While I’m on chemo, can I still have a glass of wine or a beer with dinner?
Q: While I’m on chemotherapy, can I still have a glass of wine or a beer with dinner?
A: Drinking alcohol—whether wine, beer, or liquor—may interfere with some chemotherapy drugs and can cause dehydration. Find out from your doctor or others on your health care team if having one drink with dinner is okay with the chemotherapy medication you’re taking. We tell our patients not to have alcohol the day before, day of, and day after chemotherapy.
Alcohol also can worsen some chemotherapy side effects, such as mouth sores. If the mouth becomes sore, alcohol can cause burning and additional dryness of the mouth. Some patients report that taste changes from chemotherapy or radiation to the head and neck make alcohol less enjoyable.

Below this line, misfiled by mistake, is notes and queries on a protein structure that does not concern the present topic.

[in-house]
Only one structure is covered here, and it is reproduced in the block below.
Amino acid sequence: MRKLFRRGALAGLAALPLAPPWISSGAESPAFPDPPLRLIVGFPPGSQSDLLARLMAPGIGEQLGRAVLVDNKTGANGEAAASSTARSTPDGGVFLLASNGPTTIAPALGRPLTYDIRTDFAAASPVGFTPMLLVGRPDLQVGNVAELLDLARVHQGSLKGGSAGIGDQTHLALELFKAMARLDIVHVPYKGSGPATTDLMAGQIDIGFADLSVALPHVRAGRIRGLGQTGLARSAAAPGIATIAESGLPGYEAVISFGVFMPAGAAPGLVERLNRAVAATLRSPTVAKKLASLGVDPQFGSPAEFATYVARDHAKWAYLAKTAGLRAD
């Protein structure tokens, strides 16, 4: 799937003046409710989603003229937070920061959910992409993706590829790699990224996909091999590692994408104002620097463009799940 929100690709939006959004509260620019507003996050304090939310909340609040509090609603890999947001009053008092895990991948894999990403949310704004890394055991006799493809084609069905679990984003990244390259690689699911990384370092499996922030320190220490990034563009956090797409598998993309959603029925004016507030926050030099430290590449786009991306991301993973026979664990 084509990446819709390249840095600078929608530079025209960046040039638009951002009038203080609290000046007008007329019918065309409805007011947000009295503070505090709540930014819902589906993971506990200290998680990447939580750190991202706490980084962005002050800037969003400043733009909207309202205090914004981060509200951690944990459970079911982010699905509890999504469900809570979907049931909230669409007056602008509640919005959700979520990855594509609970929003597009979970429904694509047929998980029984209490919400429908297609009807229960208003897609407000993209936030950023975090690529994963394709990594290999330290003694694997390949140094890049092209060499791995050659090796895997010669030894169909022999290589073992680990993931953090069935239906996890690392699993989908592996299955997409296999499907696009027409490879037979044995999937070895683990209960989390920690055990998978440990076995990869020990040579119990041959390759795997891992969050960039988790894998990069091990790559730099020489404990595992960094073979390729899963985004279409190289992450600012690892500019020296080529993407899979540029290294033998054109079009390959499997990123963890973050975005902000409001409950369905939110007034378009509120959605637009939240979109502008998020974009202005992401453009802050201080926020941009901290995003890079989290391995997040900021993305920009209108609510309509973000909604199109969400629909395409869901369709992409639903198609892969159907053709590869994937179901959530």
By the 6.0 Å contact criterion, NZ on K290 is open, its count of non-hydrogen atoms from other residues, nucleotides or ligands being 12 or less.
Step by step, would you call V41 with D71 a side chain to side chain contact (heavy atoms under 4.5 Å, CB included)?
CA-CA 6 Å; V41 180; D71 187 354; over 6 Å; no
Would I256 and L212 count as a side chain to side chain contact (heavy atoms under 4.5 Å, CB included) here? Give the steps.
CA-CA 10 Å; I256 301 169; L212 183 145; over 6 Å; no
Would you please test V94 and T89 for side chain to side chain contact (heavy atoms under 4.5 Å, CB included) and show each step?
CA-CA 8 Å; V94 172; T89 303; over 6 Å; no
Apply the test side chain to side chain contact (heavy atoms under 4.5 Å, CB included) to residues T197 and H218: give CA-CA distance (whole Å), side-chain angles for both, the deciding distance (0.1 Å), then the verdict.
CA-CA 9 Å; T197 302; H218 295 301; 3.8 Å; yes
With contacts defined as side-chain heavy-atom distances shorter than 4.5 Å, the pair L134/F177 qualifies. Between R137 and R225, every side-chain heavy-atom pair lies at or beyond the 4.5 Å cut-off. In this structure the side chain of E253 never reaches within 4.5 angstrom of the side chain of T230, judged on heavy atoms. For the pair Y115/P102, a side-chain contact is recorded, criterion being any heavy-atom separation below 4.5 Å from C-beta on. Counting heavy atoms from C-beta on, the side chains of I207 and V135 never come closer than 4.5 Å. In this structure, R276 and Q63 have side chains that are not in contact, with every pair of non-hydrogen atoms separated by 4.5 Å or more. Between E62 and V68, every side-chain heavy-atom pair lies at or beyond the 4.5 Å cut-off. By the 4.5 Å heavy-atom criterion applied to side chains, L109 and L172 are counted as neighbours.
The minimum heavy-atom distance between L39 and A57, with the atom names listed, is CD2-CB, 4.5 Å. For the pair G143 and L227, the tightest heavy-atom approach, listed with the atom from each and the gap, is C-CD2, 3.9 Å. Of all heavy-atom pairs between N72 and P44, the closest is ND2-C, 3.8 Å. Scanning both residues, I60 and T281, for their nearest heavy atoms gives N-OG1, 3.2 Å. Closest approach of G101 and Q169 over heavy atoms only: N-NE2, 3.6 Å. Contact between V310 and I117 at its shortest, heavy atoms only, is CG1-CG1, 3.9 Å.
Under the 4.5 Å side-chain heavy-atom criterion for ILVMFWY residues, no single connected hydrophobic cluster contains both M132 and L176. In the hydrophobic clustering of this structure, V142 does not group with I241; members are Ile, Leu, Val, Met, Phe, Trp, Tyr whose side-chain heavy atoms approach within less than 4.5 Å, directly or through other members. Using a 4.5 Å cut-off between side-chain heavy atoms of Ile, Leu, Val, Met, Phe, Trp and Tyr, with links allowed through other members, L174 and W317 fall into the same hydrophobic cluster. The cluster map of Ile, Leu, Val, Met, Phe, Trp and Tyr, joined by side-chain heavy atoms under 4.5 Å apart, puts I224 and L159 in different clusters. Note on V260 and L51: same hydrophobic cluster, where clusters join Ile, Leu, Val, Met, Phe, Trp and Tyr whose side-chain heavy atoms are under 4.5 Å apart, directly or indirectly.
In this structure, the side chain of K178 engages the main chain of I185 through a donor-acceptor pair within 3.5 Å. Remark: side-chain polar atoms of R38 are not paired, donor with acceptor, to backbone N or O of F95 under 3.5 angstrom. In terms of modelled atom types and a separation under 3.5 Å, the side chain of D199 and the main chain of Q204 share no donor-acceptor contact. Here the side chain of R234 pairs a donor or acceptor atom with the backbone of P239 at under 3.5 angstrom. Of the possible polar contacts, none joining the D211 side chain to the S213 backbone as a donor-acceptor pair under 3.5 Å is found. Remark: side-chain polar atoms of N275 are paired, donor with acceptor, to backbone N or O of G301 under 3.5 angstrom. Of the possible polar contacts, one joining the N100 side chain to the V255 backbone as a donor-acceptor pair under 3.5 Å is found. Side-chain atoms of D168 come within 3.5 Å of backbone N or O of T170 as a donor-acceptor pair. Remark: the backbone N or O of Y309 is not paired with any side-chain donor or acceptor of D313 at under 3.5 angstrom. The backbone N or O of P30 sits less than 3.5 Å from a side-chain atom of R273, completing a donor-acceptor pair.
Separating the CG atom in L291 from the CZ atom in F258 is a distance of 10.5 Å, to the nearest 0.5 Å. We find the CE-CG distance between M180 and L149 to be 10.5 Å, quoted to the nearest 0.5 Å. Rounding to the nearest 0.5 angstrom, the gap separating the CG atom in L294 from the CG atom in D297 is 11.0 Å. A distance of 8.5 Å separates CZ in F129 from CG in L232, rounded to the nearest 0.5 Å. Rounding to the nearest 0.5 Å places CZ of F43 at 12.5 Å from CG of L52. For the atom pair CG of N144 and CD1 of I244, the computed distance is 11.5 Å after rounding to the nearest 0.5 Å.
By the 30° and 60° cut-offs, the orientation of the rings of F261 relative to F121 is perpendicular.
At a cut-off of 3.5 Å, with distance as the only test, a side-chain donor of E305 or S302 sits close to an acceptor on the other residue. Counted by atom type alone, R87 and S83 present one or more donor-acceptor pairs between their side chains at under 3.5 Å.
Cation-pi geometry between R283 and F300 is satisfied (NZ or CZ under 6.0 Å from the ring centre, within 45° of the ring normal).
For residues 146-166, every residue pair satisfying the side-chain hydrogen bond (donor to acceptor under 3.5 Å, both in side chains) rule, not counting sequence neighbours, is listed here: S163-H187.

If it doesn’t conflict with your treatment medication, having a drink with dinner might help you relax and improve your appetite. But limit yourself to one drink. Excessive drinking is dangerous. Be sure your doctor knows the amount of alcohol you were drinking before treatment began, so you can get help with cutting back now if needed.
--Kathy Newman, RN, BSN
If you’re experiencing an upset stomach or nausea from chemotherapy, try a soothing cup of homemade ginger tea between or during meals.
This content was last reviewed
August 15, 2010 by Dr. Reshma L. Mahtani.